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Infratil Airports Europe Monthly Overview May 2008

17 Jun 2008

The large increase in the cost of fuel and softer economic climate are creating difficult times for the aviation industry generally, including in Europe.  These challenges are now being felt directly by IAEL as a result of the MK Airlines being in administration and a major review of European flying and maintenance by Polar.  There are two key factors, however, that should enable Infratil’s European Airports to emerge relatively strongly – the strength of many key customers and an efficient operating and capital cost base.

Low cost carriers in Europe still have large aircraft orders and this additional capacity, combined with the other challenging factors, is likely to result in further airline failures.  Any failures will remove capacity from the market, improving the prospects for the remaining airlines.  The strongest airlines – those that have entered this period with healthy margins, efficient aircraft, low costs and a strong investment base – will survive and ultimately prosper. Ryanair, IAEL’s largest customer, is probably the strongest airline in the market on these metrics and has announced in the last few weeks a substantial route expansion, including from Glasgow Prestwick, and good financial results.  Wizz Air also has a very efficient model with new aircraft, low costs and presence in markets with strong growth.

The dedicated freight market faces similar challenges.  Operators of older models of aircraft, such as the 747-200 aircraft in the MK Airlines and Polar fleets, appear to be finding it extremely difficult to maintain positive margins and compete with more fuel efficient aircraft such as 747-400 aircraft.  Cargolux is a good example of a major IAEL customer with strong fundamentals.  With a modern fleet and being the launch customer for the 747-800F freight aircraft gives Cargolux a strong market position in the current environment.  IAEL has been working with Cargolux to ensure Glasgow Prestwick and Kent International are able to handle this new larger 747-800 when it is introduced next year.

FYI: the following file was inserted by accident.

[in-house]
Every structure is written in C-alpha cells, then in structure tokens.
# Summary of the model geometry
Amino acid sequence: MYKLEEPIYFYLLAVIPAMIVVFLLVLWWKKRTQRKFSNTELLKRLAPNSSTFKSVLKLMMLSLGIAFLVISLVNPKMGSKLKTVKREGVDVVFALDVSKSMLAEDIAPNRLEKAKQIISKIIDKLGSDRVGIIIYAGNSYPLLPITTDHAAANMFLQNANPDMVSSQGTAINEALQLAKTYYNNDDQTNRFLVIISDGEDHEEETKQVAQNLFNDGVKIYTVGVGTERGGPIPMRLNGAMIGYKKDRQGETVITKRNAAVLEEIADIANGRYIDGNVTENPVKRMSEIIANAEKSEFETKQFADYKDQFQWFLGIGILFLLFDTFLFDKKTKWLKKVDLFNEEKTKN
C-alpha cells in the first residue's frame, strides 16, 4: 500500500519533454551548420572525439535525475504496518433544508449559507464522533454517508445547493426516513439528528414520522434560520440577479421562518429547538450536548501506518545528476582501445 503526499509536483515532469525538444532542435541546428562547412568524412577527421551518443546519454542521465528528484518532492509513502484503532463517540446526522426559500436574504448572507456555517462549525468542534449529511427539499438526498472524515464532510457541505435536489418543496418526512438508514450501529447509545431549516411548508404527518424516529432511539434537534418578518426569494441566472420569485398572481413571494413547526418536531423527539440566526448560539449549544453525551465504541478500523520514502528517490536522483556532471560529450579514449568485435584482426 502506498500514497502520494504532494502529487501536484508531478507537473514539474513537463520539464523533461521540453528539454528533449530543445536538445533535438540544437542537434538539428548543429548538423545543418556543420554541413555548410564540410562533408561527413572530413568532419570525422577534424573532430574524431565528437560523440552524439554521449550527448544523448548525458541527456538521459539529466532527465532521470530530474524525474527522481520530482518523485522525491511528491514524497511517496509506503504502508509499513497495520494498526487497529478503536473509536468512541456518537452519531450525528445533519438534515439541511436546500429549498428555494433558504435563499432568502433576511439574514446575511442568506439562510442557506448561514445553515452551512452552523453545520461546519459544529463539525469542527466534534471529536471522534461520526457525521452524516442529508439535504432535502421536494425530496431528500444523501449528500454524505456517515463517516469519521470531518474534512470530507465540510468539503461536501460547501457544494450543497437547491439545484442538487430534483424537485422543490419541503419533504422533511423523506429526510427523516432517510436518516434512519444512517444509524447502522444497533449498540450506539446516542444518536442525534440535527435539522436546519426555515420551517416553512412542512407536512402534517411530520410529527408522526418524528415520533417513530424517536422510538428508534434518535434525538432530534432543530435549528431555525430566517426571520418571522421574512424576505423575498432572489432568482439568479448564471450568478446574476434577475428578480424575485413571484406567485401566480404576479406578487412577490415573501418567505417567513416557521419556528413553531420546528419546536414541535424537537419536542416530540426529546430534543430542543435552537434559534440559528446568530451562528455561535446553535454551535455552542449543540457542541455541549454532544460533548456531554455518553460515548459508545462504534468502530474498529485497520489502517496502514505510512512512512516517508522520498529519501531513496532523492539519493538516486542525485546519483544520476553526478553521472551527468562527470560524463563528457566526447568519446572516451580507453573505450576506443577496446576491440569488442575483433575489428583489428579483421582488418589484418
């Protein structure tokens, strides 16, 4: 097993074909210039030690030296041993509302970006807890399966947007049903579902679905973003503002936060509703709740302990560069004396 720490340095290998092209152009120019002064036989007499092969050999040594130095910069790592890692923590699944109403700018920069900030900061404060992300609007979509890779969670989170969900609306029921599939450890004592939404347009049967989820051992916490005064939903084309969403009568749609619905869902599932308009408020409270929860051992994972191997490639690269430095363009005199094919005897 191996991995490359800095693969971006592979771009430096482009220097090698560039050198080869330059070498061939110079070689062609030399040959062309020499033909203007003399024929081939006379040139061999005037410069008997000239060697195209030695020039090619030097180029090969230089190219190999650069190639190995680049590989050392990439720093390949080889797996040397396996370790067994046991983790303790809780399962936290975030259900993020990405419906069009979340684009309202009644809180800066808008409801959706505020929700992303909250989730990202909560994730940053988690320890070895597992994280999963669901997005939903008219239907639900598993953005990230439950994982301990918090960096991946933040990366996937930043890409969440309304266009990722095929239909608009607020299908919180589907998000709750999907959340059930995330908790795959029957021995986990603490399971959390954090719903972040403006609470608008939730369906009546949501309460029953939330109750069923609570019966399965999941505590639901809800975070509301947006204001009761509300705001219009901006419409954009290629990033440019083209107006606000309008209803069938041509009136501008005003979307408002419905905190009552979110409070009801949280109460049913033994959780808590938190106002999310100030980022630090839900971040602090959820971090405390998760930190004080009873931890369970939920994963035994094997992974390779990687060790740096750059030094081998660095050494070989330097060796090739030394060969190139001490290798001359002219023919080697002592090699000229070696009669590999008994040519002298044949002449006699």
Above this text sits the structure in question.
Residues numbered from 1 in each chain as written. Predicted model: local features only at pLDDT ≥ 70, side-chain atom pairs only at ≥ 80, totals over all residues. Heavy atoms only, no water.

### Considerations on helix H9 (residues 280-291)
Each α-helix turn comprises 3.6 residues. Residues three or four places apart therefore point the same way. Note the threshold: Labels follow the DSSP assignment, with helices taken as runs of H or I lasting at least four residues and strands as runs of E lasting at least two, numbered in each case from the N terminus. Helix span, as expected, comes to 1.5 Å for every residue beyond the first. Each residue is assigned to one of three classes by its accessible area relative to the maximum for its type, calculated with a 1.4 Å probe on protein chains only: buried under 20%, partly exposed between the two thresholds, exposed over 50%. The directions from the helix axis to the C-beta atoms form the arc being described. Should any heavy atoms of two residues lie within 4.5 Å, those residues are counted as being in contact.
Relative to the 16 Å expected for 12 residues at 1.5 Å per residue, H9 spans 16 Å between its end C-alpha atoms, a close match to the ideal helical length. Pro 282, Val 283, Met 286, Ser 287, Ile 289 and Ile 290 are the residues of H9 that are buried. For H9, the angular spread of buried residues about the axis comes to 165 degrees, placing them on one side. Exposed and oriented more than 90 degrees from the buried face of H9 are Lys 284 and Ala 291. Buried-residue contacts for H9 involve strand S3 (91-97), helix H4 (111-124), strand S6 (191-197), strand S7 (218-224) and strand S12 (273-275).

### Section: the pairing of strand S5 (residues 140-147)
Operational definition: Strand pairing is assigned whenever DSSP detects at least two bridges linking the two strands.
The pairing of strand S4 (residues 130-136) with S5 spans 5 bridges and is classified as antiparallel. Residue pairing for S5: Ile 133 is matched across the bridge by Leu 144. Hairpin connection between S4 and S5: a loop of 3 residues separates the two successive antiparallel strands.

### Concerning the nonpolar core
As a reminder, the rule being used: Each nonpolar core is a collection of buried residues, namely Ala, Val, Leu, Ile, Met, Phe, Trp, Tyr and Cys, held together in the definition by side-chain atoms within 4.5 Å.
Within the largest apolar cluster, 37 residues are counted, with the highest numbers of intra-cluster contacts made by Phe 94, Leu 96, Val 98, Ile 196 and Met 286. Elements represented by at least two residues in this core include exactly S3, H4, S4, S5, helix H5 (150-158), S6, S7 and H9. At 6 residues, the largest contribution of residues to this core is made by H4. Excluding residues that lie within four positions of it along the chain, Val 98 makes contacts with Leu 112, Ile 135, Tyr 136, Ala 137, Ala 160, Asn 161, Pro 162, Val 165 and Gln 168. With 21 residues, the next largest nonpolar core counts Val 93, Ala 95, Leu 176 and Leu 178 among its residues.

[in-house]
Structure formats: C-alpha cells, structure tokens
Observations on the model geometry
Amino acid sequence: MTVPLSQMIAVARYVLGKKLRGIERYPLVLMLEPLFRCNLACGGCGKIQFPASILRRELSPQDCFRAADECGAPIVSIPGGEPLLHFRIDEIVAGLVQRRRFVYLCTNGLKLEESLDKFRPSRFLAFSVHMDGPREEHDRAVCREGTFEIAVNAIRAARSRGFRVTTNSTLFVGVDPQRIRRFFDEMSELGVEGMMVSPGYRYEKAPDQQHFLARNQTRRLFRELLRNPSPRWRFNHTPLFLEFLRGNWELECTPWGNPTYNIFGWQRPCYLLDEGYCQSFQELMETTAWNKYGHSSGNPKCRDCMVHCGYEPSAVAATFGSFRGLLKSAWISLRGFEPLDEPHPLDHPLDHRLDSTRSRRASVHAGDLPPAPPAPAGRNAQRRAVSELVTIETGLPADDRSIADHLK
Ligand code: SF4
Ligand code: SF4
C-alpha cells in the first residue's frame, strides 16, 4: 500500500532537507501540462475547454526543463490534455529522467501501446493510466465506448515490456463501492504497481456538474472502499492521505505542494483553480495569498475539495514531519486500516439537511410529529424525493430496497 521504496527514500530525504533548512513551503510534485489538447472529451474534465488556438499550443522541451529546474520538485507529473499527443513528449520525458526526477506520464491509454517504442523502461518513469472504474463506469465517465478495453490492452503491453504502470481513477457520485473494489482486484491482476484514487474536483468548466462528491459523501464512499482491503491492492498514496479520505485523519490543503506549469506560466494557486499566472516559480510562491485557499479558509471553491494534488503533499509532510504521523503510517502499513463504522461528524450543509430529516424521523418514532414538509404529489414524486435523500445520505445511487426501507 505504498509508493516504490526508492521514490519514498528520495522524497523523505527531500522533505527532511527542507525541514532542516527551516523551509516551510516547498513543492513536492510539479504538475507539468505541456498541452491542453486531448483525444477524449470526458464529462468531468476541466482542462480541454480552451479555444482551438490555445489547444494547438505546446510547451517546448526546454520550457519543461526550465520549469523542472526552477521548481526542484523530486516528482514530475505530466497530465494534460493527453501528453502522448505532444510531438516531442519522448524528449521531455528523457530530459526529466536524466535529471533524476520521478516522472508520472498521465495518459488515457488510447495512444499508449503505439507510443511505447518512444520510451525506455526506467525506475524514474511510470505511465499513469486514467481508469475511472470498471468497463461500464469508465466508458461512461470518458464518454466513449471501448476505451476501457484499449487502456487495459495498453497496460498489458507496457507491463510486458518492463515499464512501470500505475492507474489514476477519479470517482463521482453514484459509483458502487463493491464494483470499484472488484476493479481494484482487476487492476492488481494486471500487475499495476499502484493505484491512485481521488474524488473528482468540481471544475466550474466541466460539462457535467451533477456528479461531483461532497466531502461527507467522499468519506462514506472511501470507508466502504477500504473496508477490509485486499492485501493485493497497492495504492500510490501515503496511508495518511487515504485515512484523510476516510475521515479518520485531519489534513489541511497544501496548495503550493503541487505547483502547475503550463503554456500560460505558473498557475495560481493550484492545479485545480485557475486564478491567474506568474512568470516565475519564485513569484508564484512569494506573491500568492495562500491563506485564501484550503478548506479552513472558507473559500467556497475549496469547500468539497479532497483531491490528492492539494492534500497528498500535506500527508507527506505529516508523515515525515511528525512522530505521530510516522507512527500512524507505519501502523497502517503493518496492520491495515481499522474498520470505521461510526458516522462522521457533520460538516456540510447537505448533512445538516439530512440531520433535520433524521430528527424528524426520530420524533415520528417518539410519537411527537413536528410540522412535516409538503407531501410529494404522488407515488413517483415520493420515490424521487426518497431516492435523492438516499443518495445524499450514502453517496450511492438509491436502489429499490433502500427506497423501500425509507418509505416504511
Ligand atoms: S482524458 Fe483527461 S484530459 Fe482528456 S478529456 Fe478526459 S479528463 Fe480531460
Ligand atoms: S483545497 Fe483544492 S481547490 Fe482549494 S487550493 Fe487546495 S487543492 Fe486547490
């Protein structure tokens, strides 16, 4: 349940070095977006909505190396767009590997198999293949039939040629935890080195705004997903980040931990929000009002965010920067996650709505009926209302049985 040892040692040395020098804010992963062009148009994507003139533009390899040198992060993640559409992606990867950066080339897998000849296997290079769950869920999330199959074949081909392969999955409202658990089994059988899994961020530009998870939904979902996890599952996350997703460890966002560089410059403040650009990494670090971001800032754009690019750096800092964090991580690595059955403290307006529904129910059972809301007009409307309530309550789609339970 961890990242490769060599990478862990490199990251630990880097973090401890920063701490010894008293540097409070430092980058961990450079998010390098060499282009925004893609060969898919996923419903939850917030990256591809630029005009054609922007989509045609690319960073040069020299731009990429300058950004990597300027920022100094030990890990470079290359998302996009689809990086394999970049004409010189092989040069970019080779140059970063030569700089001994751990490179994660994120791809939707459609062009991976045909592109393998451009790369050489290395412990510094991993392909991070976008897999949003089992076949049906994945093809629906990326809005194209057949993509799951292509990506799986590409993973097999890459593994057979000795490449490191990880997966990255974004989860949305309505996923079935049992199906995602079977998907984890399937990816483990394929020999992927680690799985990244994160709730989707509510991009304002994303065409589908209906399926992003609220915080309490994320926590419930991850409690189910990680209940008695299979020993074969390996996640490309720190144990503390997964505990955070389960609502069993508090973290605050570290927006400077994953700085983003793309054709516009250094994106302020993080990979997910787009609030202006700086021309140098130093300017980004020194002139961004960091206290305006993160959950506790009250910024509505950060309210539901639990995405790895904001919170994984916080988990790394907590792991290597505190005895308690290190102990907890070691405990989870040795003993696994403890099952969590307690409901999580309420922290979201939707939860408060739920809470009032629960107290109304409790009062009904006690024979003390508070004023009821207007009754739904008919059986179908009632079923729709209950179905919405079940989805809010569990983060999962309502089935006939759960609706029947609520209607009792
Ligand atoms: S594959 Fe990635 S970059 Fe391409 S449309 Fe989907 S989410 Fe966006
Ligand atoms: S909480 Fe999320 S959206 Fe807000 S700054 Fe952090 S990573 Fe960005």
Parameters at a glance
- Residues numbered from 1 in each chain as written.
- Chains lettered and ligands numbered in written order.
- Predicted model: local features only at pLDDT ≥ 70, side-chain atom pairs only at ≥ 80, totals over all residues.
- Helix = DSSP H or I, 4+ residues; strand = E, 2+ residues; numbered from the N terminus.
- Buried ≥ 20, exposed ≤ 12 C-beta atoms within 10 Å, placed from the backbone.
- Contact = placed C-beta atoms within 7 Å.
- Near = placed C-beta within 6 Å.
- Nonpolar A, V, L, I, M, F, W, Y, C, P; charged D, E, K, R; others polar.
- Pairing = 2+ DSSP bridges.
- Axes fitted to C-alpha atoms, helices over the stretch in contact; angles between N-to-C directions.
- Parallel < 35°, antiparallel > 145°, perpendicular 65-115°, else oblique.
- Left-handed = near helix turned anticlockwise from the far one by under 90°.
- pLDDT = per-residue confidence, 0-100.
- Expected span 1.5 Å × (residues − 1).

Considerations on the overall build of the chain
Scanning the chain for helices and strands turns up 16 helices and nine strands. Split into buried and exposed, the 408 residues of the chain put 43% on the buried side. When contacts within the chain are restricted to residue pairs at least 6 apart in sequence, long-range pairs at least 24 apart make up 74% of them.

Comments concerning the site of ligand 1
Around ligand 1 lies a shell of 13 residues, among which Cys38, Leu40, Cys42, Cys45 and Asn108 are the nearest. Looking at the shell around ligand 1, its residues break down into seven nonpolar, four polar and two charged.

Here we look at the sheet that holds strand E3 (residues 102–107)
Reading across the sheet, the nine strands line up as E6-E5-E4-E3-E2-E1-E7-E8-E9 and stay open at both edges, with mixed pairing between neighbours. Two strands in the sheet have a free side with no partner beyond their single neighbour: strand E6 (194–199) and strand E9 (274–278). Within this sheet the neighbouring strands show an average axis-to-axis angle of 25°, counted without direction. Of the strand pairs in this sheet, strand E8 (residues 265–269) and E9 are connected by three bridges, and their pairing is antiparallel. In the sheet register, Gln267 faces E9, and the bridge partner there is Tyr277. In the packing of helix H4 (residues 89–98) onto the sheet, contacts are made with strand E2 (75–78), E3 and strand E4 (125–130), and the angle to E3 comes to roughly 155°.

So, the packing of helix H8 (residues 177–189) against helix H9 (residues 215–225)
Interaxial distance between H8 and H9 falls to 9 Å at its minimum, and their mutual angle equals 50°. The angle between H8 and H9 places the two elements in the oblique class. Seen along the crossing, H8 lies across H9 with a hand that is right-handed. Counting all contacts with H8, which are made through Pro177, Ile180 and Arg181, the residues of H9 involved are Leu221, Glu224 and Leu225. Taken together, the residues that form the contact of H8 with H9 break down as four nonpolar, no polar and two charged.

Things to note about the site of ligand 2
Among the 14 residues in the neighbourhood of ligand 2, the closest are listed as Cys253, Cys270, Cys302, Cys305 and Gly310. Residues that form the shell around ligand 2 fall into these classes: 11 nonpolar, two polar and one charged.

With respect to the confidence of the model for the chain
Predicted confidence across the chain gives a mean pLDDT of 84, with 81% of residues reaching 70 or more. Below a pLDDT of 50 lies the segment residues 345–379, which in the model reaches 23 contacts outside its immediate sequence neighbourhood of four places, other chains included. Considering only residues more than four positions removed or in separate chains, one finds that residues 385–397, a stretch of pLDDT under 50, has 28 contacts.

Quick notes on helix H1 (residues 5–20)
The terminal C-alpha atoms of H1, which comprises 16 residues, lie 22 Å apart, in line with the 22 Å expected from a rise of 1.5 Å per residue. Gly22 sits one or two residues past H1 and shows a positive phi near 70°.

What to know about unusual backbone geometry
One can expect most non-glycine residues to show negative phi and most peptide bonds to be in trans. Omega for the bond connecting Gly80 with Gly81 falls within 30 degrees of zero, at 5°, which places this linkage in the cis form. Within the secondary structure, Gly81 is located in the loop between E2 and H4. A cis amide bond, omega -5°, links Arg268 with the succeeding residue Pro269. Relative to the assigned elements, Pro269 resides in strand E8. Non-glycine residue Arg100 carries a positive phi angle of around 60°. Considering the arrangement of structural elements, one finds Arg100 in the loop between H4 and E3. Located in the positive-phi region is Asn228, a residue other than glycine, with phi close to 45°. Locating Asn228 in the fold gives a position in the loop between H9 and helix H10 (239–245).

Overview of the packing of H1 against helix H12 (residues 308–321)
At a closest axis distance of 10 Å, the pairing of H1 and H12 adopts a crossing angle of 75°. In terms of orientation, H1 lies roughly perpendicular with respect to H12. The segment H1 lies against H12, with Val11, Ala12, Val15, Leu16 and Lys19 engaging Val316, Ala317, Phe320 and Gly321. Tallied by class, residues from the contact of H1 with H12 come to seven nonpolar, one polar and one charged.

The highly efficient operating and capital cost base of IAEL’s airports is likely to be more fully appreciated by airlines as they look to remove other costs to compensate for fuel cost increases.  It also creates a strong base for IAEL’s existing customers to grow while their competitors using higher cost airports may be struggling.  Uncongested airports also reduce fuel costs by minimising holding times in the air and on the ground. Kent International and Glasgow Prestwick have the additional advantage of shorter flying distances, saving fuel and time, for many major routes that serve their respective markets.

These long term advantages do not diminish the short term challenges and IAEL continues to work with its existing customers, and potential new customers, to explore all incremental opportunities in the current market.  

Glasgow Prestwick Airport

Infratil Airports Europe May 2008 operational figures are made available here.

Glasgow Prestwick handled 221,840 passengers in May, up 2.5% on May 2007 and a 12% improvement on April’s performance.

The main driver for the positive year-on-year variance is increased capacity on a number of existing routes and new Ryanair and Wizz Air destinations, introduced since May last year.